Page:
by Eleanor Kinney
Plum Creek has gone back to the drawing board. It needed to.
Its plan to build two resorts and 975 house lots scattered across the Moosehead Lake Region has created controversy and concern throughout our state.
Plum Creek, a real estate investment trust and the largest private property owner in the United States, owns over 900,000 acres in Maine. Its proposed development plan is the biggest in Maine history and is likely to set precedents for decades to come.
It is critical that Plum Creek, and we, get it right.
Maine is a different place today than it was when Plum Creek announced its April 2006 revised plan. Five months after that plan was submitted, another major document arrived on our doorstep, igniting a state-wide conversation.
“Charting Maine’s Future,” a comprehensive study commissioned by GrowSmart Maine and conducted by the Brookings Institution, has helped us understand that Maine’s “quality places” are what differentiate us from the rest of the country. Our forests and farms, shorelines and small towns are Maine’s unique strength in a 21st century economy where people can choose to live and work almost anywhere.
We need to protect and invest in these places if we are to build the type of sustainable prosperity that all Maine people hope for. Alan Caron, Executive Director of GrowSmart Maine, says that the Brookings Report can be boiled down to one fundamental question: “How do we grow without wrecking the place?”
We need to make thoughtful decisions about where and how development should occur. Our track record so far isn’t great.
The Brookings Report documents how southern Maine communities have spread out, converting rural fields and woodlots to suburban sprawl. The pace of change has been rapid: between 1980 and 2000, an area the size of Rhode Island was converted from rural lands to suburban development. The cost of services, and the taxes to support them, keeps going up as we suburbanize across the landscape.
So while we think of ourselves as a rural state, the distinctive Maine character that makes our state special is vanishing rapidly.
The worst of it is that we, as a people, did not decide to let Maine go. It simply happened as the result of thousands of decisions that may have served individuals, businesses, or towns, even as they diminished the value of our state.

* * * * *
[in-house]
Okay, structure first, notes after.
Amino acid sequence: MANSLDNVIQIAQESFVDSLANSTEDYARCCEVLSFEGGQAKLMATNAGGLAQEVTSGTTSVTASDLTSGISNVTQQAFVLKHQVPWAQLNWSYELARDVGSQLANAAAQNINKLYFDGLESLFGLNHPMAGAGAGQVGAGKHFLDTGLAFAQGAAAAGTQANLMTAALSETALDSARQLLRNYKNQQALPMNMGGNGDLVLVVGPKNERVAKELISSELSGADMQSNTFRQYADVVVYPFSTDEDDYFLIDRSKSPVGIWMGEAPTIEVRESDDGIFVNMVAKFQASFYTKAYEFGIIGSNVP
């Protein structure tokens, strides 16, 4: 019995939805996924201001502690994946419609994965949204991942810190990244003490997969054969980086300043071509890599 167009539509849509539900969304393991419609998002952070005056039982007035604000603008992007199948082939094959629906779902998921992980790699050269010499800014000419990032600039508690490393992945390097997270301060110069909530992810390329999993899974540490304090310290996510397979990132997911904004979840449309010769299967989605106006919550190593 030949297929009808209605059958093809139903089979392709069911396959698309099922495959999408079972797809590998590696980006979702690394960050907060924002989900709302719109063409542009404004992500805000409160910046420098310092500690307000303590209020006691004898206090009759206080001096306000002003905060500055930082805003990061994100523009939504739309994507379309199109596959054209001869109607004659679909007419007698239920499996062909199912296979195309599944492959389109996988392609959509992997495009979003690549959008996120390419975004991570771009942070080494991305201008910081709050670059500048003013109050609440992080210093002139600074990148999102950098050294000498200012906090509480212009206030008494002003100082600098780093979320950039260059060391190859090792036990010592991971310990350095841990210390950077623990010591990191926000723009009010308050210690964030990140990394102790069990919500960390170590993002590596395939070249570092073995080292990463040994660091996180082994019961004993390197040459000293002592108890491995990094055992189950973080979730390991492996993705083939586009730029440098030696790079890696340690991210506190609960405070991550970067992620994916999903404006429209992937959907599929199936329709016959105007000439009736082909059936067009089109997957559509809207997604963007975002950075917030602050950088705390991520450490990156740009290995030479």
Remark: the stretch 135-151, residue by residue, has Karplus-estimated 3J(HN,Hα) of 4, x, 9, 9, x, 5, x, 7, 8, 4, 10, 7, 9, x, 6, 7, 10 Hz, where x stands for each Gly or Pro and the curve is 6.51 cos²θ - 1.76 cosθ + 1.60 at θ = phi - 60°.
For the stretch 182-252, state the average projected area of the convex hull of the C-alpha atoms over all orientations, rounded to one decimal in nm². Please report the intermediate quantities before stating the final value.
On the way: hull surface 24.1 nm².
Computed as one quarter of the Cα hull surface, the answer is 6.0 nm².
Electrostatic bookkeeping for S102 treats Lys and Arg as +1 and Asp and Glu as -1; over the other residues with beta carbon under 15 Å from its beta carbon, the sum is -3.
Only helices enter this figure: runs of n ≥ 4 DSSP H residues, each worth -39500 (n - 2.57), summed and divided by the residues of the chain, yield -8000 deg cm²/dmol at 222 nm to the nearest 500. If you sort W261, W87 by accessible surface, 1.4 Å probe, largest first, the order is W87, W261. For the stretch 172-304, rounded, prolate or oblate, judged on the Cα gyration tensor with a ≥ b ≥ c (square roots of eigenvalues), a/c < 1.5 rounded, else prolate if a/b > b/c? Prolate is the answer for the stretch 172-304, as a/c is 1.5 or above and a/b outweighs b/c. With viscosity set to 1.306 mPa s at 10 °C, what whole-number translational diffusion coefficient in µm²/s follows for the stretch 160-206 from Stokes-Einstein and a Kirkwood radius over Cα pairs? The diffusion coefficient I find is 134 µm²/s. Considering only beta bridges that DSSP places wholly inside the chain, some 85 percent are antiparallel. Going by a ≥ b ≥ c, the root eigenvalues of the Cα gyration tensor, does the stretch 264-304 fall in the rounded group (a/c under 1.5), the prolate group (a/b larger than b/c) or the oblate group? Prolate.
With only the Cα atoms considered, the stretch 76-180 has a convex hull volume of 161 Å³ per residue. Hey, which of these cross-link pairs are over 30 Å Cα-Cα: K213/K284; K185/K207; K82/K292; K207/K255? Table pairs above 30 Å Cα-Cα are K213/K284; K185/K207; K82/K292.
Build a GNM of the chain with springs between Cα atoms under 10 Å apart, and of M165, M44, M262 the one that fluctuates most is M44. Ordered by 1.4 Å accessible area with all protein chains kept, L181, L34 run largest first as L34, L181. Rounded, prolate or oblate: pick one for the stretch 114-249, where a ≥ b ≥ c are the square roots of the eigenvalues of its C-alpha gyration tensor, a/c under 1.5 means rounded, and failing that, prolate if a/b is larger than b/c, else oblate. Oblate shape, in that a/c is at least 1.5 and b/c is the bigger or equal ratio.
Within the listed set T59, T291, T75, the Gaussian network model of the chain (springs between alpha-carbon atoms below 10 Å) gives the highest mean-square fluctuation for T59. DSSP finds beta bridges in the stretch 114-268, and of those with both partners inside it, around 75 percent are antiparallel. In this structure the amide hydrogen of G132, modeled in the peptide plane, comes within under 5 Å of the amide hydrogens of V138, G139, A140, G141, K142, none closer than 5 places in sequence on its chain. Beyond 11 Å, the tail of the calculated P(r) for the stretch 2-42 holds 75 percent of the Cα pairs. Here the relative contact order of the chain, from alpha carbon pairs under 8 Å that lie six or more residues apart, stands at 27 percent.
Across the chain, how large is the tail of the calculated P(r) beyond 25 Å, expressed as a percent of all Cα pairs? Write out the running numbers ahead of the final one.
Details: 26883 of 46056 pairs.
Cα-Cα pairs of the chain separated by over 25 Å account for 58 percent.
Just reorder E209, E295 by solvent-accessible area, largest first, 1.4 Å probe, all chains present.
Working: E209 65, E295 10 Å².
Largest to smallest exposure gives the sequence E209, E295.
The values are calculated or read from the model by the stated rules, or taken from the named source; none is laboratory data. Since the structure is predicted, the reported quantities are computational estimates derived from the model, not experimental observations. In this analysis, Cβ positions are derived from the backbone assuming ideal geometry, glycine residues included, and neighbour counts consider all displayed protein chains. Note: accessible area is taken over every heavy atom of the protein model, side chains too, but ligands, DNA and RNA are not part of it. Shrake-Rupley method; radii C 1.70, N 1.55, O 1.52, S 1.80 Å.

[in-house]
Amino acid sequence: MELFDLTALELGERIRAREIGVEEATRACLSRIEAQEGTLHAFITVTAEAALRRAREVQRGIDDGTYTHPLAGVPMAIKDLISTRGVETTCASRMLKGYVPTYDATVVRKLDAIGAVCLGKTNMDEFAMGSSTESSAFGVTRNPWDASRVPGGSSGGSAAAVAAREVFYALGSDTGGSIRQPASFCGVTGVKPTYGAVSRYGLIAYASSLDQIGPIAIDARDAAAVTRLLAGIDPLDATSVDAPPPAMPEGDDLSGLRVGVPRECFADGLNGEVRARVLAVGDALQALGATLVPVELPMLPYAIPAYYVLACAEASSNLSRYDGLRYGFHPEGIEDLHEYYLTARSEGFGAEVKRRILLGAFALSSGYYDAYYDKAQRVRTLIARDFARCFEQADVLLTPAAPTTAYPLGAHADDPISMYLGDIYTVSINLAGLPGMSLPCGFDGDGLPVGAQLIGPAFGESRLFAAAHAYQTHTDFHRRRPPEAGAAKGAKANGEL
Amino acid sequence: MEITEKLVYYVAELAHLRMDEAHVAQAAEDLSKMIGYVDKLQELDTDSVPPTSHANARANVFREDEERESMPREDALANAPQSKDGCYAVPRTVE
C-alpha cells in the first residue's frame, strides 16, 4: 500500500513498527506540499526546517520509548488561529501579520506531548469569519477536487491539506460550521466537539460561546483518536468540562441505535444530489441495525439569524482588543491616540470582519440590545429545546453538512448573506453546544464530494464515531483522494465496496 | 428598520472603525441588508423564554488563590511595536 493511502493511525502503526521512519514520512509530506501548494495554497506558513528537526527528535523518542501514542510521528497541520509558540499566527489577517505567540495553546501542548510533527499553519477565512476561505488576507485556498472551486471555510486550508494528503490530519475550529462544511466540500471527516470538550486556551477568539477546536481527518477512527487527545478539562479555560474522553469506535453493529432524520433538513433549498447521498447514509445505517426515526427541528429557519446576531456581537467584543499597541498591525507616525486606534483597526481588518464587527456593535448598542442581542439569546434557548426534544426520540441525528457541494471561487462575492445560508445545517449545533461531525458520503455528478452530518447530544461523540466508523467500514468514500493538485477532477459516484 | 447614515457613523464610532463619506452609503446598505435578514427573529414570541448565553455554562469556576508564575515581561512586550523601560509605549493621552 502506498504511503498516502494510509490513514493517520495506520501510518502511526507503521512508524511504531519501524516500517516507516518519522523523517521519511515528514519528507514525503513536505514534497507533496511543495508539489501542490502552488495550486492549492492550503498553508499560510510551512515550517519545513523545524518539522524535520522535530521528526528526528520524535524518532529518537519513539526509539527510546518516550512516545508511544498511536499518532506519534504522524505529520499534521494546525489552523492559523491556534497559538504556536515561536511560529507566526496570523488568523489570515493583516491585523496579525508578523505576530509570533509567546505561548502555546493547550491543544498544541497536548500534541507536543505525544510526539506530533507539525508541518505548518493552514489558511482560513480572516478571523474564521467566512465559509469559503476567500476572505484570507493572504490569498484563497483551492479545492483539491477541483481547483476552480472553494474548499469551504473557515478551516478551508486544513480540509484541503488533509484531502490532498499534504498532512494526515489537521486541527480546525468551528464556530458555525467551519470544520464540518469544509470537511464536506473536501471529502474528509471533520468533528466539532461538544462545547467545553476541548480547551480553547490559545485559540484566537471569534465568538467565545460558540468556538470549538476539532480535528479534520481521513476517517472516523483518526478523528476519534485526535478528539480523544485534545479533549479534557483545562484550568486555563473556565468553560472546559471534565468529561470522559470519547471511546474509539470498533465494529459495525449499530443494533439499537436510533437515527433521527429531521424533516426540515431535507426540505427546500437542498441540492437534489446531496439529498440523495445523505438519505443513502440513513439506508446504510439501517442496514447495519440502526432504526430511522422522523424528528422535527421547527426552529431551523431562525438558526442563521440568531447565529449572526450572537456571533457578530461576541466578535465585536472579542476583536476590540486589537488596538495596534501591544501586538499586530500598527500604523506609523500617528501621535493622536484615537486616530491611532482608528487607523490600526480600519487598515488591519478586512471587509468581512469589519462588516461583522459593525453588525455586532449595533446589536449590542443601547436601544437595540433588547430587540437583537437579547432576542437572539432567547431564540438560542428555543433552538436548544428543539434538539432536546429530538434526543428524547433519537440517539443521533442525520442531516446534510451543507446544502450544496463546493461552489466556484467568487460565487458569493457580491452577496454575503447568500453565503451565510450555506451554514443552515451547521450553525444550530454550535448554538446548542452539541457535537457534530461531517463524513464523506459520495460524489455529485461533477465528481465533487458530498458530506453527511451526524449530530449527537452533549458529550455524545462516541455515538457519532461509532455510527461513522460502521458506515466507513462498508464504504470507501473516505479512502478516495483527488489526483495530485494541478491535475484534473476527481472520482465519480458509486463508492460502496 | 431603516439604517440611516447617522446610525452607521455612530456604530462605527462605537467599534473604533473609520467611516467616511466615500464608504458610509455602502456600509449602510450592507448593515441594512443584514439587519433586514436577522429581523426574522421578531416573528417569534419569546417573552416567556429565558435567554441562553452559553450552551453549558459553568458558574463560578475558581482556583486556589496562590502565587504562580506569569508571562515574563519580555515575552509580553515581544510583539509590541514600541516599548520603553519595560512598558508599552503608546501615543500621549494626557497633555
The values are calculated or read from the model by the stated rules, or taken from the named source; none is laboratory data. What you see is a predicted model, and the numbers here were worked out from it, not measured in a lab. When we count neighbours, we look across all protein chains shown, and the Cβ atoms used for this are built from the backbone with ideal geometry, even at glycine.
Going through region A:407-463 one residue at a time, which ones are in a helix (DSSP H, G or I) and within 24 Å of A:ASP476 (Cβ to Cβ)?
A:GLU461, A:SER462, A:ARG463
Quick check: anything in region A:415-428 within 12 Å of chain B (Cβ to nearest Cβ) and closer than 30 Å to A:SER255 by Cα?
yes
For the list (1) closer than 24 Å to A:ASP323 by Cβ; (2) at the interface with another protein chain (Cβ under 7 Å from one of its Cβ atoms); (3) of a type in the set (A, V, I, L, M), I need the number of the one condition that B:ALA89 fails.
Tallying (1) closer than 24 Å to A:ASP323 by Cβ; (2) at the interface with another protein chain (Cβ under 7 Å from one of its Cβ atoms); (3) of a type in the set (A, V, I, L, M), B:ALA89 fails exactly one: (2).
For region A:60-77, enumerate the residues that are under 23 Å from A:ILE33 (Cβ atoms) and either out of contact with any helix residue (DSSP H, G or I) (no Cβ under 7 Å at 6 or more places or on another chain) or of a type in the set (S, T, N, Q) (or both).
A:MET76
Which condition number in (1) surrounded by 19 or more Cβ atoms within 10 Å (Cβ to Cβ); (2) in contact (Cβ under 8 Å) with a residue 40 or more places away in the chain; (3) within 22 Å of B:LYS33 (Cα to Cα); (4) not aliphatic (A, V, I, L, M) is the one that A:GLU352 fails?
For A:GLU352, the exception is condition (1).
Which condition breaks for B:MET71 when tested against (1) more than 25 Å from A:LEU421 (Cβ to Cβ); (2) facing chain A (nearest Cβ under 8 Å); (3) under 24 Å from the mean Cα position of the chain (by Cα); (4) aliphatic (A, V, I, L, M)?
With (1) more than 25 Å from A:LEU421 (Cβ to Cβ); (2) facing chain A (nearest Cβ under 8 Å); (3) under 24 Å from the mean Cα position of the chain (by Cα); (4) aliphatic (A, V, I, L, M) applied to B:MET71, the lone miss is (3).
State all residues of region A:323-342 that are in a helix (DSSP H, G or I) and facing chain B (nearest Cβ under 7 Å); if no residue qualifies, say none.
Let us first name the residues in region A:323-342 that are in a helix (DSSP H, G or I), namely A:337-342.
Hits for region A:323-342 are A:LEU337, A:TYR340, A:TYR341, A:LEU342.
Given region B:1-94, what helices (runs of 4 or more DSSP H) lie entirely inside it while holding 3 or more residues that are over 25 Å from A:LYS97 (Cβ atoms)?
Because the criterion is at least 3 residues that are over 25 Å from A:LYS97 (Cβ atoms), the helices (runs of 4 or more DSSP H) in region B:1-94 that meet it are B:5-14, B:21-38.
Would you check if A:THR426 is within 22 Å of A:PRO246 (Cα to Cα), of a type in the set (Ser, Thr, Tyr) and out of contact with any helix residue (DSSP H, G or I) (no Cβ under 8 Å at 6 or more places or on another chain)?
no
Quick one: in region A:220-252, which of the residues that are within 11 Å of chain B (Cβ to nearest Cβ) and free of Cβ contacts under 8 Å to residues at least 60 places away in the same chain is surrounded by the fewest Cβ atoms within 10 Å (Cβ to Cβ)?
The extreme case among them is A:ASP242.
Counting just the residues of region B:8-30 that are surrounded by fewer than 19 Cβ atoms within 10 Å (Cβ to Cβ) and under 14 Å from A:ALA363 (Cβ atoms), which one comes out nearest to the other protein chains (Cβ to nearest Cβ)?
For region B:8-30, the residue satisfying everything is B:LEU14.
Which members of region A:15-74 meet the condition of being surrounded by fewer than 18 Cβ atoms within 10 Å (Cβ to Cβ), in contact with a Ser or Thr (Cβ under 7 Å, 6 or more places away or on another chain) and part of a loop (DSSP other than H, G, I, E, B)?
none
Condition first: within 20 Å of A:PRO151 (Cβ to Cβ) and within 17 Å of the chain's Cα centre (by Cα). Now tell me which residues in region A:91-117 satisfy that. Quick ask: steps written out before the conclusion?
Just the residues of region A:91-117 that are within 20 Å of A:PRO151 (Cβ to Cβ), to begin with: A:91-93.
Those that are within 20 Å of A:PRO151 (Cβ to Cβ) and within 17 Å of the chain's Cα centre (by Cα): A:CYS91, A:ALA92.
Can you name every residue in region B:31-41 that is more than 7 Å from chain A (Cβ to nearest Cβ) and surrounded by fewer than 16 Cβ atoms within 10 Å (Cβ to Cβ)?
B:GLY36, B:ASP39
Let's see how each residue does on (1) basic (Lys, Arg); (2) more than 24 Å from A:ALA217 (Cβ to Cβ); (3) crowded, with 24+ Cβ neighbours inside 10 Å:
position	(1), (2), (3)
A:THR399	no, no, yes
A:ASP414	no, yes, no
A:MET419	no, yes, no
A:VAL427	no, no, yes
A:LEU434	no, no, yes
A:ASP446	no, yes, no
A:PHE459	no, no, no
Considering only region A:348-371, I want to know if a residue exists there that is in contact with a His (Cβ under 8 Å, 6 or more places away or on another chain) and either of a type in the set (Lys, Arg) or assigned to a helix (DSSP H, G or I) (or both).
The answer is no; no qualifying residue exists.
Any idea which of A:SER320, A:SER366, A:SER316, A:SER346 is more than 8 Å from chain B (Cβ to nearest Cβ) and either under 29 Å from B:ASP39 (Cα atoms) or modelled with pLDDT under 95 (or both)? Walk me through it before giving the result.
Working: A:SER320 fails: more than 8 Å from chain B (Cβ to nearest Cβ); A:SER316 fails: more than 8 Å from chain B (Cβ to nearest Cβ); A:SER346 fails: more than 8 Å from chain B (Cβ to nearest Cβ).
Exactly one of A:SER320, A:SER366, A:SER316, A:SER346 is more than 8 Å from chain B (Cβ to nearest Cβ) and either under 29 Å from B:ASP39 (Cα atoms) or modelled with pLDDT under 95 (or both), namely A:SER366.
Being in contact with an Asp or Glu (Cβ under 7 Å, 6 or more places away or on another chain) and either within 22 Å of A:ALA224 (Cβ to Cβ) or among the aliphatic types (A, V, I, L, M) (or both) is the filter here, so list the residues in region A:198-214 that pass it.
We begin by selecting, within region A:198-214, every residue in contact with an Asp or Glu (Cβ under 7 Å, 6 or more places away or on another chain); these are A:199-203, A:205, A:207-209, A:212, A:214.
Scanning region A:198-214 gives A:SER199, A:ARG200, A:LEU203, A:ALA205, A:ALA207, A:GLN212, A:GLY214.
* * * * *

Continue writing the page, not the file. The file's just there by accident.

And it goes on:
We are putting our communities and our land at risk. Yet these are the very “quality places” that should be nurtured as the foundation for an economic prosperity and quality of life that will benefit all of us.
Now, in our post-Brookings Report world, Plum Creek’s vision for Moosehead seems even more reckless and indifferent to the best interests of our state.
When contemplating quality places, the Moosehead Lake Region stands out as one of Maine’s most precious treasures. There is no other place like it in the Eastern United States.
That is why the prospect of this much development, spread out in 58 different subdivisions, has troubled so many people. Those who have criticized Plum Creek’s plans are not against growth; they just don’t want development to “wreck the place.”
So Plum Creek should take its time and come back with a new plan that is solidly aimed at protecting the extraordinary quality of place that is Moosehead Lake. Such a plan would introduce development in fewer locations and closer to existing towns.
Specifically, it would move its proposed developments closer to Greenville and Rockwood. Places like Lily Bay Peninsula, Prong, Indian, and Upper Wilson Pond, Western Brassua Lake, and the North West Shore of Moosehead Lake would be left unspoiled.
The new plan shouldn’t just be geared toward expensive second homes that would be beyond the financial reach of most Mainers. Instead, it should include house lots within the 8,000 acres that Plum Creek owns in the town of Greenville.
These could be neighborhood-like subdivisions that foster a sense of community where families want to live year round.
If Plum Creek did that, it would win applause. Such a plan would protect Moosehead Lake as one of our premier quality places, and Plum Creek might not have to go back to the drawing board on this project ever again.